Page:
Digging in to the background to the Comedy Store Players' improv routine after the show, I was fascinated to learn that Neil runs improv workshops for businesses specifically to promote better teamworking, in addition to his glittering TV and film career (this former Cambridge Footlights president appears in two of the three Austin Powers films, International Man of Mystery and Goldmember). Makes total sense!  When he told me his philosophy about how much people and teams in business have to gain from embracing the improv mindset, and when I realised that clients of his training business include professional firms such as Deloitte and global corporates such as Google, Microsoft, GlaxoSmithKline, not to mention Walt Disney ... I was all ears.

"Working with others in improv situations is all about collaborating and highly attentive listening", he tells me, "which is why the skills are so relevant to the workplace environment and can be so effective in transforming teams. In creating "Super Teams" in fact. But other key aspects of improv are more alien to business culture, for example concepts of "being in the moment" and "vulnerability". It's an entirely different kind of thinking, as much about instinct and intuition as about cerebral activity. We encourage people and businesses to embrace their creativity and enhance their communication skills in new ways.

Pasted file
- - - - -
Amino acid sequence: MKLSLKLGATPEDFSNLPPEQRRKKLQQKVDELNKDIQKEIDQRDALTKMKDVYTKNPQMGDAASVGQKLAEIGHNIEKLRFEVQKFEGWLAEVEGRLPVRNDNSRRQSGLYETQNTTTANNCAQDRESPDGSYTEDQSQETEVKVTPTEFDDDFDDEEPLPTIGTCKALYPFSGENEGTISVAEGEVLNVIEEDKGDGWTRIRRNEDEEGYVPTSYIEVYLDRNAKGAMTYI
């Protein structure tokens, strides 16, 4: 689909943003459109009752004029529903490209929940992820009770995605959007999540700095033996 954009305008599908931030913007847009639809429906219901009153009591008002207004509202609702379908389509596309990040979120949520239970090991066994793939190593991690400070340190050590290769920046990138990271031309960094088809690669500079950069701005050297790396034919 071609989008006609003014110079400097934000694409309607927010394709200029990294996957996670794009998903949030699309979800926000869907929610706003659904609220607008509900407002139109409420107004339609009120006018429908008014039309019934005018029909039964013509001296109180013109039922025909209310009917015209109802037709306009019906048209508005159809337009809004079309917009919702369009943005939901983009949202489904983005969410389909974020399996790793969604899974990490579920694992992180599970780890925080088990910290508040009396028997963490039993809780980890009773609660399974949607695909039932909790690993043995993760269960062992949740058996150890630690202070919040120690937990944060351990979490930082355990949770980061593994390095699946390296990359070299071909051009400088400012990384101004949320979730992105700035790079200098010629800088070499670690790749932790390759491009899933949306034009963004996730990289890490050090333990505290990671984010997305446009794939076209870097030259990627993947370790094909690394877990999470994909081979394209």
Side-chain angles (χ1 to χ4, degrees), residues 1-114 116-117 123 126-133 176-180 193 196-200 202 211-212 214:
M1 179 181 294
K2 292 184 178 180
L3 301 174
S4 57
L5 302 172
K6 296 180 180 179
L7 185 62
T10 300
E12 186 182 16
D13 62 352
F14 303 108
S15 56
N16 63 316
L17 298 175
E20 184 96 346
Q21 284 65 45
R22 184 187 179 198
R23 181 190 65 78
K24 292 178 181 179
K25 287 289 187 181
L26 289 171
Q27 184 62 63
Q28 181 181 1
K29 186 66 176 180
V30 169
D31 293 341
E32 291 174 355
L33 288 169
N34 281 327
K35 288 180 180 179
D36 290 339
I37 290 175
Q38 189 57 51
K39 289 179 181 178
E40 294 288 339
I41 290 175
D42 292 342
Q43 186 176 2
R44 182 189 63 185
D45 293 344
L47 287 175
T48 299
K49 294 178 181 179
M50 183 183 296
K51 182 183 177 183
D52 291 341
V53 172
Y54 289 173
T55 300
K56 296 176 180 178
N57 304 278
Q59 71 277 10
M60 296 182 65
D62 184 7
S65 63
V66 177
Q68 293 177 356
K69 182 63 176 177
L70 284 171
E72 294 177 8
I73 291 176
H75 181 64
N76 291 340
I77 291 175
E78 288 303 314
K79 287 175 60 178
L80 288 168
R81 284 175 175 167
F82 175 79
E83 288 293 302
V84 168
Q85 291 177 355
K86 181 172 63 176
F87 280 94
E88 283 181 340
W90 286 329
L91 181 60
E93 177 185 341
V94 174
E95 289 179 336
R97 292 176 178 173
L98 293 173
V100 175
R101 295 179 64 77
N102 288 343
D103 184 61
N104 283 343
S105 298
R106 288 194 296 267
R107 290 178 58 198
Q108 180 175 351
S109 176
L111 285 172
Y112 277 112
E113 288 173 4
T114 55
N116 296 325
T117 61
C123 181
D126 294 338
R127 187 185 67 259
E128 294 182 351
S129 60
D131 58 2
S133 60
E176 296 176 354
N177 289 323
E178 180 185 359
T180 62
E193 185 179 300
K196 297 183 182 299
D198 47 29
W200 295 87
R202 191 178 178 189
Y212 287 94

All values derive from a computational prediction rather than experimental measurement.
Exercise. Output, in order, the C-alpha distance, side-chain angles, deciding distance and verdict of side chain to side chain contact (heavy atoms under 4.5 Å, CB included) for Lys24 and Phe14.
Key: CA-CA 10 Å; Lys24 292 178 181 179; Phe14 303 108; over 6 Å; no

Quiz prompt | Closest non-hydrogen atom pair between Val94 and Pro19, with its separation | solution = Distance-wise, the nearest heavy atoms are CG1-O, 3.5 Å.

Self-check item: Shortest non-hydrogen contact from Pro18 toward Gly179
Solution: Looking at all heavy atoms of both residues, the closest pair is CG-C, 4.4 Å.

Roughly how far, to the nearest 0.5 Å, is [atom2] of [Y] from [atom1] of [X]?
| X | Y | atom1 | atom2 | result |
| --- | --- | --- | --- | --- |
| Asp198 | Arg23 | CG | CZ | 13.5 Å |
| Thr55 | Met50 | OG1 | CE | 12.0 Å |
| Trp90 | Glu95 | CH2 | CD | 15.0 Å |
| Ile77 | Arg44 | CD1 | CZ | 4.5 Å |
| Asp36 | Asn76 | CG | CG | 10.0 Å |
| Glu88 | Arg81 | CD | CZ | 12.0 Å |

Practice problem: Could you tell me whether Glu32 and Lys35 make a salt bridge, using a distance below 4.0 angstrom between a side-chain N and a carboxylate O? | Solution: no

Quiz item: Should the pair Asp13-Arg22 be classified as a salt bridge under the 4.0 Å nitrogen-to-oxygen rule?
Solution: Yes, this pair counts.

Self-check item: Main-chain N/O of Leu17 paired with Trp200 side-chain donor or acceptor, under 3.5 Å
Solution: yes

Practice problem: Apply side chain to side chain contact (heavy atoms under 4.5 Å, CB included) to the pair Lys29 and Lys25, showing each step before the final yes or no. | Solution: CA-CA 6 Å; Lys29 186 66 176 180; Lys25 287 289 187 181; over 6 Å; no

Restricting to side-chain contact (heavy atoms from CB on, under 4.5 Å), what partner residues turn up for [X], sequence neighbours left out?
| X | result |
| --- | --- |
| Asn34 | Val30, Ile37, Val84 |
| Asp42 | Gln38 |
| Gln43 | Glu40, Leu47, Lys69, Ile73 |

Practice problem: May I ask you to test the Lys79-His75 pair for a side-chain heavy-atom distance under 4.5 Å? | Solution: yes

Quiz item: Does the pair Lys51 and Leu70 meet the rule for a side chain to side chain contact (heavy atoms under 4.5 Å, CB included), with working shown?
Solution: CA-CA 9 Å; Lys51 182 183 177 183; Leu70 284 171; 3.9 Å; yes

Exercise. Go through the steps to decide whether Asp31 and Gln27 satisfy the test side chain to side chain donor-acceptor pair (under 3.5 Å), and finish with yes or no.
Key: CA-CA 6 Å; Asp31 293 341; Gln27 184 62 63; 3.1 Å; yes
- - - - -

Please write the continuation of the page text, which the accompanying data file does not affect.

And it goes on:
"Improv actually started in the Chicago of the 1920's with Viola Spolin who was working to enhance the language skills of deprived children. Only decades later did it evolve into the type of theatre performance we know now. What I and others are trying to do (in the Applied Improv Network) is return to the roots of this ethos to help even the stuffiest and most diffident (and those who don't know they are suffering from over-confidence) to become more creative communicators and leaders."

This showreel will give you a glimpse into the sorts of things Neil covers in his workshops. The sessions are designed to improve participants' skills in listening, influencing, rapport, assertiveness and presenting, so individuals can learn how to tell a story in a far more engaging way. It also teaches them how not to get thrown by the unexpected, but be nimble enough to use it to their advantage.


My favourite of the improv games we saw at The Comedy Store was a storyline created by random suggestions from the audience for setting, plot, theme, characters, etc (Winston Churchill and doilies seemed to be a recurring motif), with the comedians taking turns to improvise a line each to take the story forward, the compere pointing to direct the switch between comics mid-sentence and sometimes mid-word, and doing this faster and faster as the game went on. The best, most hilarious lines came as a single sentence was shared between three or four people, and as the actors had less time to think. Interesting how sometimes the best team-working comes when there's no time for individuals to think independently at all!